SAINT ROBERT, Mo. (Nov. 29, 2008) — Members of the St. Robert Public Works Committee gave the green light during their Tuesday evening meeting to plans that would spend more than a half-million dollars to replace two deteriorating sewer lift stations near Taco Bell on Missouri Avenue and the city’s trash transfer station behind the community center.
Alderman Allan Johannsen and City Administrator Norman Herren review budget data and upcoming loan repayment schedules.
Final decisions are made by the full city council, not the committees. City Administrator Norman Herren said he plans to present a budget update at the Monday, Dec. 1, meeting of the city council and plans to present a final budget for adoption at the Dec. 15 meeting.
“It’s going to be very important that we build a true and accurate budget, and if we have emergencies come up, which we do have every year, we’re going to have to immediately make some decisions,” Herren said. “You can see there by the needs we have in the city, we’re not going to be able to fund them all. Your challenge, as a public works committee, is to give (department heads) some input.”
Part of the problem, city staff members said, is that the trash transfer station generates waste water that is highly acidic and is eating away metal and pumping equipment. Installing a larger sewer lift station would dilute the acidity and prolong the life of the new lift station. It would also allow service to more customers who are expected to be added as the area behind Auto Zone develops, Herren said.
Finding money for a $560,000 sewer lift station won’t be easy in a $15.5 million budget that anticipates no revenue increases, Herren acknowledged, since regular pay and insurance premium increases will add $330,000 to last year’s budget and the city department heads requested a total of $630,000 in capital projects. That means Herren is faced with a need to cut department requests back by about $1.2 million.
“We don’t have any other major businesses coming in like we did with Lowe’s (Home Improvement). I’m going to take a gamble — I’m going to call it revenue neutral,” Herren said. “We need to start setting out priorities—what do we have to have and what can we cut out of the budget.”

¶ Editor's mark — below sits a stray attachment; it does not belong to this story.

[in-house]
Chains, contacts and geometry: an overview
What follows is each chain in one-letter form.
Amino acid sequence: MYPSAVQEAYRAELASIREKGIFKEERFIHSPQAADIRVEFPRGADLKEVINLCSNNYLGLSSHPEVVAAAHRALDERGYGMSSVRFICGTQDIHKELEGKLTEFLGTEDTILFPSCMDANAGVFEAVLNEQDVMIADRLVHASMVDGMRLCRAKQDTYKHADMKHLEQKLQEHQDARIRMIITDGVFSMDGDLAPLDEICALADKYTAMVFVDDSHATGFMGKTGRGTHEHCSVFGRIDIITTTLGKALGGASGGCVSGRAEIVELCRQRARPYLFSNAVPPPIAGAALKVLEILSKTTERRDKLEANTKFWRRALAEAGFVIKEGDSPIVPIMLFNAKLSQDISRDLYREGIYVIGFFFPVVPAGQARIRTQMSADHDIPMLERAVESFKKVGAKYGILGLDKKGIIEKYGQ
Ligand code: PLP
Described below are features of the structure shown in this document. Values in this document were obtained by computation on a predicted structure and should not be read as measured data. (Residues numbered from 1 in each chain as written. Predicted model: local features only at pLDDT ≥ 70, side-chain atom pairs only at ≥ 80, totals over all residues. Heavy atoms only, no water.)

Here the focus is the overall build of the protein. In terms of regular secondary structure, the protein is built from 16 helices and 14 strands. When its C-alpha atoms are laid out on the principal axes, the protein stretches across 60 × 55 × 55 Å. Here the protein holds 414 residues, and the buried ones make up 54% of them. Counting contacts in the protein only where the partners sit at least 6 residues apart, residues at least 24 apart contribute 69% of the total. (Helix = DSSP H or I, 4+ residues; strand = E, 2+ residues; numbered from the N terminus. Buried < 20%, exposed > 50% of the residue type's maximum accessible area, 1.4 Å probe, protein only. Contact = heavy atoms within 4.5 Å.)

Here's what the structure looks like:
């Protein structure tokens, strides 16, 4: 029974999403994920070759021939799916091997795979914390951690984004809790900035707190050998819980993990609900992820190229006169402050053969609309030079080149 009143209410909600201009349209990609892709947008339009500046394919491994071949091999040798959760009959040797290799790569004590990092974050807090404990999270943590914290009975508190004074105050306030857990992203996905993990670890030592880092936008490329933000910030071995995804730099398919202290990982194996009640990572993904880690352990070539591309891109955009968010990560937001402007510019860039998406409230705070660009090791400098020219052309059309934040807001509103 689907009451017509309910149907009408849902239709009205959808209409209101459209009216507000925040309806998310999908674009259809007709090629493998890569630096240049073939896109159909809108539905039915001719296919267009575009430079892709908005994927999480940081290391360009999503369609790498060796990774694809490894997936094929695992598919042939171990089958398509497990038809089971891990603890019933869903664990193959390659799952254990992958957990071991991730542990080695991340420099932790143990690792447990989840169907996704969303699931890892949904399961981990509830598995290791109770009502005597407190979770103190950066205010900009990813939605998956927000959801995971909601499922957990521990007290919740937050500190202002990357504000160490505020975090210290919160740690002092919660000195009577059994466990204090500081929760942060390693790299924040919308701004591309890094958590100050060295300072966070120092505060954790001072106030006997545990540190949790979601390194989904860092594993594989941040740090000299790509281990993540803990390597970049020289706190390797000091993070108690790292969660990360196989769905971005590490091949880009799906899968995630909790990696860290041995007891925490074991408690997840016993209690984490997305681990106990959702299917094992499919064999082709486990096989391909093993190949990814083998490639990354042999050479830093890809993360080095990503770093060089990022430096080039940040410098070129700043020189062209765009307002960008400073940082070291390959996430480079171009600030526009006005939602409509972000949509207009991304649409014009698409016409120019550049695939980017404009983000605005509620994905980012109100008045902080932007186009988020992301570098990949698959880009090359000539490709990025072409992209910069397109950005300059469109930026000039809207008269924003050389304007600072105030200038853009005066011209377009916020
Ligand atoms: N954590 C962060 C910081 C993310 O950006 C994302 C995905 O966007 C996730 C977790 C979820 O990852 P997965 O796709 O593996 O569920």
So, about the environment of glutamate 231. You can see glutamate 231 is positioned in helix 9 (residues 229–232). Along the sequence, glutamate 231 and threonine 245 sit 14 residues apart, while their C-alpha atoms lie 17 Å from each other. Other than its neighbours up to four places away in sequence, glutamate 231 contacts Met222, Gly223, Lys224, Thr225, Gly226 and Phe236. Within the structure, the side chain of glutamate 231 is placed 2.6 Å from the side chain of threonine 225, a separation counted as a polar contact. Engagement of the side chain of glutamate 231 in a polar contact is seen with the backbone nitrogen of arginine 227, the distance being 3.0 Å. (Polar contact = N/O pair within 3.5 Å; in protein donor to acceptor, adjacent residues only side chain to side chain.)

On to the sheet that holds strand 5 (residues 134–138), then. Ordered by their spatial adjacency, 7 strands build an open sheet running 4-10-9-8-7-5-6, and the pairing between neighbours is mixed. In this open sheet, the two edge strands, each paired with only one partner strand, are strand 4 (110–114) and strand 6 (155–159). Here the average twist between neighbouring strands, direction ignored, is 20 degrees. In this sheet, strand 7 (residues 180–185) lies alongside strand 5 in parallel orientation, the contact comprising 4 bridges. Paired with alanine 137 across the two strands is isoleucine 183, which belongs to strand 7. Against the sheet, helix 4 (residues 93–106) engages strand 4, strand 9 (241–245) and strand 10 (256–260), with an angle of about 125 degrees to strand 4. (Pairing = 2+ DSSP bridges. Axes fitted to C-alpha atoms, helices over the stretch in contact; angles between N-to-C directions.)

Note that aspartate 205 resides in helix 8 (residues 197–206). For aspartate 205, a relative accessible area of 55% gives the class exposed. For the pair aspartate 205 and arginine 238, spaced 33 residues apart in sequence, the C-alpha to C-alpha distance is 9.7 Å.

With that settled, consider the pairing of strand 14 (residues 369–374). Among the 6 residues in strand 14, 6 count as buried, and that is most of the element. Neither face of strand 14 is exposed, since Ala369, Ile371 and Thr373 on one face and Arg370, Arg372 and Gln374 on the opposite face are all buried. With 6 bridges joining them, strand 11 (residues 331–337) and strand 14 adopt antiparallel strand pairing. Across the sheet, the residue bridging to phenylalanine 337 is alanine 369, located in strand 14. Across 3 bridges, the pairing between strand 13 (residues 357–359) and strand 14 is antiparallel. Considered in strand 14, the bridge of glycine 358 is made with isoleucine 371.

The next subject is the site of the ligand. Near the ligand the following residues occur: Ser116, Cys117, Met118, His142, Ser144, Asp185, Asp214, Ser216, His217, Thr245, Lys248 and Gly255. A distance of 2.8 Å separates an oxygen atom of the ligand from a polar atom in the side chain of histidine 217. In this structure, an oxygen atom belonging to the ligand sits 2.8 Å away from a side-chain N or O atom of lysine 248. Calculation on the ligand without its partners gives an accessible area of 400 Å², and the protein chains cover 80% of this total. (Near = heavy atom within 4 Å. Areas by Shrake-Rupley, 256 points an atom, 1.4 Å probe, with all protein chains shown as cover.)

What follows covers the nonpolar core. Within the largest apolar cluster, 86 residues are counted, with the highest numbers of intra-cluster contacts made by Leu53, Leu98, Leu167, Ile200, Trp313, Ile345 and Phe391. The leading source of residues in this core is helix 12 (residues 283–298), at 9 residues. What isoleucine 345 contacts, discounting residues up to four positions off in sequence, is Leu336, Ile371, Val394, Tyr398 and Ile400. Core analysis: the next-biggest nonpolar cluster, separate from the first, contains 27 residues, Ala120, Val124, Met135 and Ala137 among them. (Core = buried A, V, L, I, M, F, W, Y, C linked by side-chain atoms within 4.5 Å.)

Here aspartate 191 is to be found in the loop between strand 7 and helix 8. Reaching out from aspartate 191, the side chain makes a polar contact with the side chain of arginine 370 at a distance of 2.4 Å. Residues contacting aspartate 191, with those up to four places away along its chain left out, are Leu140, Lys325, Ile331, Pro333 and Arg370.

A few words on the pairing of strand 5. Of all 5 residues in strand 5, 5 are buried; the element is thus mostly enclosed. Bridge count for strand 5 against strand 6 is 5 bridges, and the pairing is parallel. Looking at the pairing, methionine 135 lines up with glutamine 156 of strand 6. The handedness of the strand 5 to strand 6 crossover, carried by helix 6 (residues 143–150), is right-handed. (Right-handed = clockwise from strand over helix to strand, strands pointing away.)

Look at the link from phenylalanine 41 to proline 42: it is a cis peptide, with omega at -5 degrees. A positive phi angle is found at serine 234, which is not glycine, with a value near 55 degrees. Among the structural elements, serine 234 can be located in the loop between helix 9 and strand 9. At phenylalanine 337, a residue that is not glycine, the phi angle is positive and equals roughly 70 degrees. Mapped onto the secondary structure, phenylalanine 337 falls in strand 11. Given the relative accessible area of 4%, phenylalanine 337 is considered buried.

However, Herren said it will be cheaper for the city to do the work with its own staff than to pay an estimated $740,000 to contract the work out.
“We now have the manpower, equipment and expertise to do these projects on our own,” Herren said. “Just another point that the equipment that you bought over the last few years is paying you great dividends.”
Alderman Ed Spotts said he’s concerned by the frequency with which sewer lift stations come before the council.
“The pump stations seem like a reoccurring nightmare. It seems like no matter what we do, pump stations go out and cause problems,” Spotts said. “Why aren’t we looking at what may be a very costly investment, a treatment plant? … In my opinion I think we really need to look at that rather than pumping everything somewhere else.”
Jeff Meadows of Archer Engineering, who serves as the city engineer, said that’s probably not realistic. The flow levels currently don’t justify a new treatment plant, Meadows said, and the discharge for a new treatment plant at the southern end of St. Robert would be into the Roubidoux Creek which has to have discharge levels at almost drinking-level quality to receive a permit. A million-gallon treatment plant would cost $10 to $12 per gallon, he said; the existing million-gallon sewage treatment plant has a current flow of about 700,000 gallons and can be expanded to 1.5 million gallons.
“Our biggest goal has been to eliminate as many of these pump stations as possible because they are already at their design life,” Meadows said.
Even so, there are still 54 pump stations left around St. Robert, Meadows said.
Spotts said he’s concerned that some businesses may not be using proper sewage disposal techniques at all.
“I know there are businesses out there that who knows where their effluent is going right now,” Spotts said. “Every time we have to repair one of these pump stations we are losing money that could be used somewhere else.”
Meadows said all businesses inside the St. Robert city limits are having their sewage treated properly.